Rastelli Procedure – is an anatomically corrective repair for heart defects that have in common a missing, defective, or obstructed pulmonary artery and a large ventricular septal defect. Truncus Arteriosus and Transposition of the Great Arteries, as well as other similar conditions, can benefit from this procedure.
The flow of blue blood to the lung circulation is established through a tube placed outside the heart, usually containing a valve. The large VSD is either closed with a patch or used to construct a new aortic outlet. The valve is placed from the right ventricle to the pulmonary artery. The VSD is closed in such a way as to separate the flow between the ventricles so that the right ventricle flow goes to the pulmonary artery and the left ventricle flow goes solely to the aorta. Such reconstructed hearts have all he components and function of a normal heart. However, the pulmonary conduit (tube w/valve) cannot grow with the child and will eventually require another surgery to replace it.
Ross Procedure – consists of replacing a faulty aortic valve with the patient’s own healthy pulmonic valve. It requires re-implantation of the coronary arteries into the reconstructed aortic root. The pulmonic valve is replaced with a biologic valve, either a homograft taken from a human cadaver donor or porcine, taken from a pig. This operation can be part of the Ross-Konno Procedure employed where there is an additional narrowing below the aortic valve. In the Konna Procedure, the narrow left ventricular outlet is approached through the right ventricle, the septum is cut open and filled with a large patch in such a way as to enlarge the left ventricular outflow tract.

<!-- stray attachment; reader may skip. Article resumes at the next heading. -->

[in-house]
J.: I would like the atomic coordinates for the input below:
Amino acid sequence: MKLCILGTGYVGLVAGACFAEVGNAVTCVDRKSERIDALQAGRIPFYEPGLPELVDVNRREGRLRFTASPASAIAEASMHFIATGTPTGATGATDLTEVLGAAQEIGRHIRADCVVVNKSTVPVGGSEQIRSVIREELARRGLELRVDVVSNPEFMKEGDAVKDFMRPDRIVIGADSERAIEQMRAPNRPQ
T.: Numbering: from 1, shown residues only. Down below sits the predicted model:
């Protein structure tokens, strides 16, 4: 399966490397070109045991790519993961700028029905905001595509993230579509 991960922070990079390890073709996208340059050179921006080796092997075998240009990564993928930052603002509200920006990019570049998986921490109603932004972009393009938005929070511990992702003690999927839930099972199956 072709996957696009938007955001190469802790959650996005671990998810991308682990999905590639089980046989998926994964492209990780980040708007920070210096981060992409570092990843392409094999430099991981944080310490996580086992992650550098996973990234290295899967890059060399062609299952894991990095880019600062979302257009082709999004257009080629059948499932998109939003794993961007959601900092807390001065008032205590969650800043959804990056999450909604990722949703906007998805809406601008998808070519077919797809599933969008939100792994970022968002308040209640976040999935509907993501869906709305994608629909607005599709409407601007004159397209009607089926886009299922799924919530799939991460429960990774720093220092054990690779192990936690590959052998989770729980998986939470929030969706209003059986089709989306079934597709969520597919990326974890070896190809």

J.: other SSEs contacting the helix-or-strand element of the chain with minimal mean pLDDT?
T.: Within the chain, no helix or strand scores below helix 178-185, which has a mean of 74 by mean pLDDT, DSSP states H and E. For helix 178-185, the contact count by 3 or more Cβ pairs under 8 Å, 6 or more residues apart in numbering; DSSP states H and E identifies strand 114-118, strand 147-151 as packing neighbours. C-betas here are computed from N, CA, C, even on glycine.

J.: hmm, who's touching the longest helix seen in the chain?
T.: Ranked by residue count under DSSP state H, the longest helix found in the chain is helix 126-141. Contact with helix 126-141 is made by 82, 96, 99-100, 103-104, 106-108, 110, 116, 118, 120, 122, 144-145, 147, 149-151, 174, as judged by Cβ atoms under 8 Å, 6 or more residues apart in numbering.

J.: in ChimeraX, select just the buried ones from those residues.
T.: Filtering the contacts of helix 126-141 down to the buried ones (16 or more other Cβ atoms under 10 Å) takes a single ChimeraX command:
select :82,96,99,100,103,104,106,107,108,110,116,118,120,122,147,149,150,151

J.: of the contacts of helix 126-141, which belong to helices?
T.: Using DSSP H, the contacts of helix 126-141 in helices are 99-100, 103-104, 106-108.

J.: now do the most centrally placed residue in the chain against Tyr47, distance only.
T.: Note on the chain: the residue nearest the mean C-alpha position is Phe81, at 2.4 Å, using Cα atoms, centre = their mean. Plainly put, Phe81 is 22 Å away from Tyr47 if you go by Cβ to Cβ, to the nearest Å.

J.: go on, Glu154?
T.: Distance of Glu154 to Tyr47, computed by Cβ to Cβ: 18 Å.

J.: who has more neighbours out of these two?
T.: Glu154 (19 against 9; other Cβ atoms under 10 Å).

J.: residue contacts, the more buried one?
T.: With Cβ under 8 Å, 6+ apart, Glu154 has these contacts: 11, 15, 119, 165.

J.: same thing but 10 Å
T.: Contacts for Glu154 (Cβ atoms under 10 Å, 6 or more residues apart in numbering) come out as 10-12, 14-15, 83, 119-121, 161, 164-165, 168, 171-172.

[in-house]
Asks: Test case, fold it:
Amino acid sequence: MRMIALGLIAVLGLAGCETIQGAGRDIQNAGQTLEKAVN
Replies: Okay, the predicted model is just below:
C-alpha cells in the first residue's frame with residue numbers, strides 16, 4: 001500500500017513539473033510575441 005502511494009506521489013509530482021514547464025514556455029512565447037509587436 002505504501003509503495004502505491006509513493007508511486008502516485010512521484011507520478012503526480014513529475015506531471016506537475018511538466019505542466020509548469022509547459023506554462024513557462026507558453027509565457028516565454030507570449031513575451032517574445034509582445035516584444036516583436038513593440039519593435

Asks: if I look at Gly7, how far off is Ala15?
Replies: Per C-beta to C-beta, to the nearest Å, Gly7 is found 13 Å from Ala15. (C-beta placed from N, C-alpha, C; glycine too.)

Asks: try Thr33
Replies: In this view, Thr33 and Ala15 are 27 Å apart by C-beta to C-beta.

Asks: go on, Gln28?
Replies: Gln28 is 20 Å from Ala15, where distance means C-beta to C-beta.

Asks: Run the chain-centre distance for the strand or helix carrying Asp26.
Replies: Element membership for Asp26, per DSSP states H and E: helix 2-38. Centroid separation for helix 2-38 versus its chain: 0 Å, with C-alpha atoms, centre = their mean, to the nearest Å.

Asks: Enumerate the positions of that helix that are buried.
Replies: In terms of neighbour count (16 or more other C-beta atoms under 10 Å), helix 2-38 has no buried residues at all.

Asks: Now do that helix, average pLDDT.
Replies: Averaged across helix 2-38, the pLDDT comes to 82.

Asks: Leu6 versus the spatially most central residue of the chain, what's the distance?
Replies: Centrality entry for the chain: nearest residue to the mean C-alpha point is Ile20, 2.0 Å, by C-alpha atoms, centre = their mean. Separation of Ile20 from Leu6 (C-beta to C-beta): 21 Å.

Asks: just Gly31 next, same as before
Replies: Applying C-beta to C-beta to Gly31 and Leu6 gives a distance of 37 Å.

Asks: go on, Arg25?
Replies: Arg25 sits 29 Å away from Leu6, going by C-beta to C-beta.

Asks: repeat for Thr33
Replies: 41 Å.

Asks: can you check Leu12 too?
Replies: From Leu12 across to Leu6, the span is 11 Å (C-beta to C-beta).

Senning Procedure – a surgical technique where a tunnel or baffle is created inside the left and right atria in order to redirect blood. This “intra-atrial baffle” is created from tissue taken from the patient’s atrial wall. This procedure is similar to the Mustard Procedure.
Tetralogy of Fallot Repair – is repaired using a combination of a VSD closure and repair of the narrowings along the pulmonary artery path. An angled patch placed over the large VSD serves to channel left ventricular blood into the overriding, or straddling, aorta. Repair of pulmonary stenosis can involve sewing a patch in the right ventricular outflow tract, across the seat of the valve, pulmonary truck and pulmonary artery branches. When either the pulmonary valve or trunk is completely blocked (atretic), the conduit used in the Rastelli Procedure is required to complete the correction.
When the pulmonary artery is absent, small arteries originating from the aorta called Multiple Aorta Pulmonary Collateral Ateries (MAPCAs) supply the lung circulation. This type of Tetralogy requires multiple steps to correct. First, MAPCAs on the two sides need to be joined into a single vessel in two separate procedures, called Unifocalization. Correction is eventually accomplished using the Rastelli repair.
Waterson – a central shunt where the ascending aorta is connected to the right pulmonary artery.
Source: It’s My Heart and Wikipedia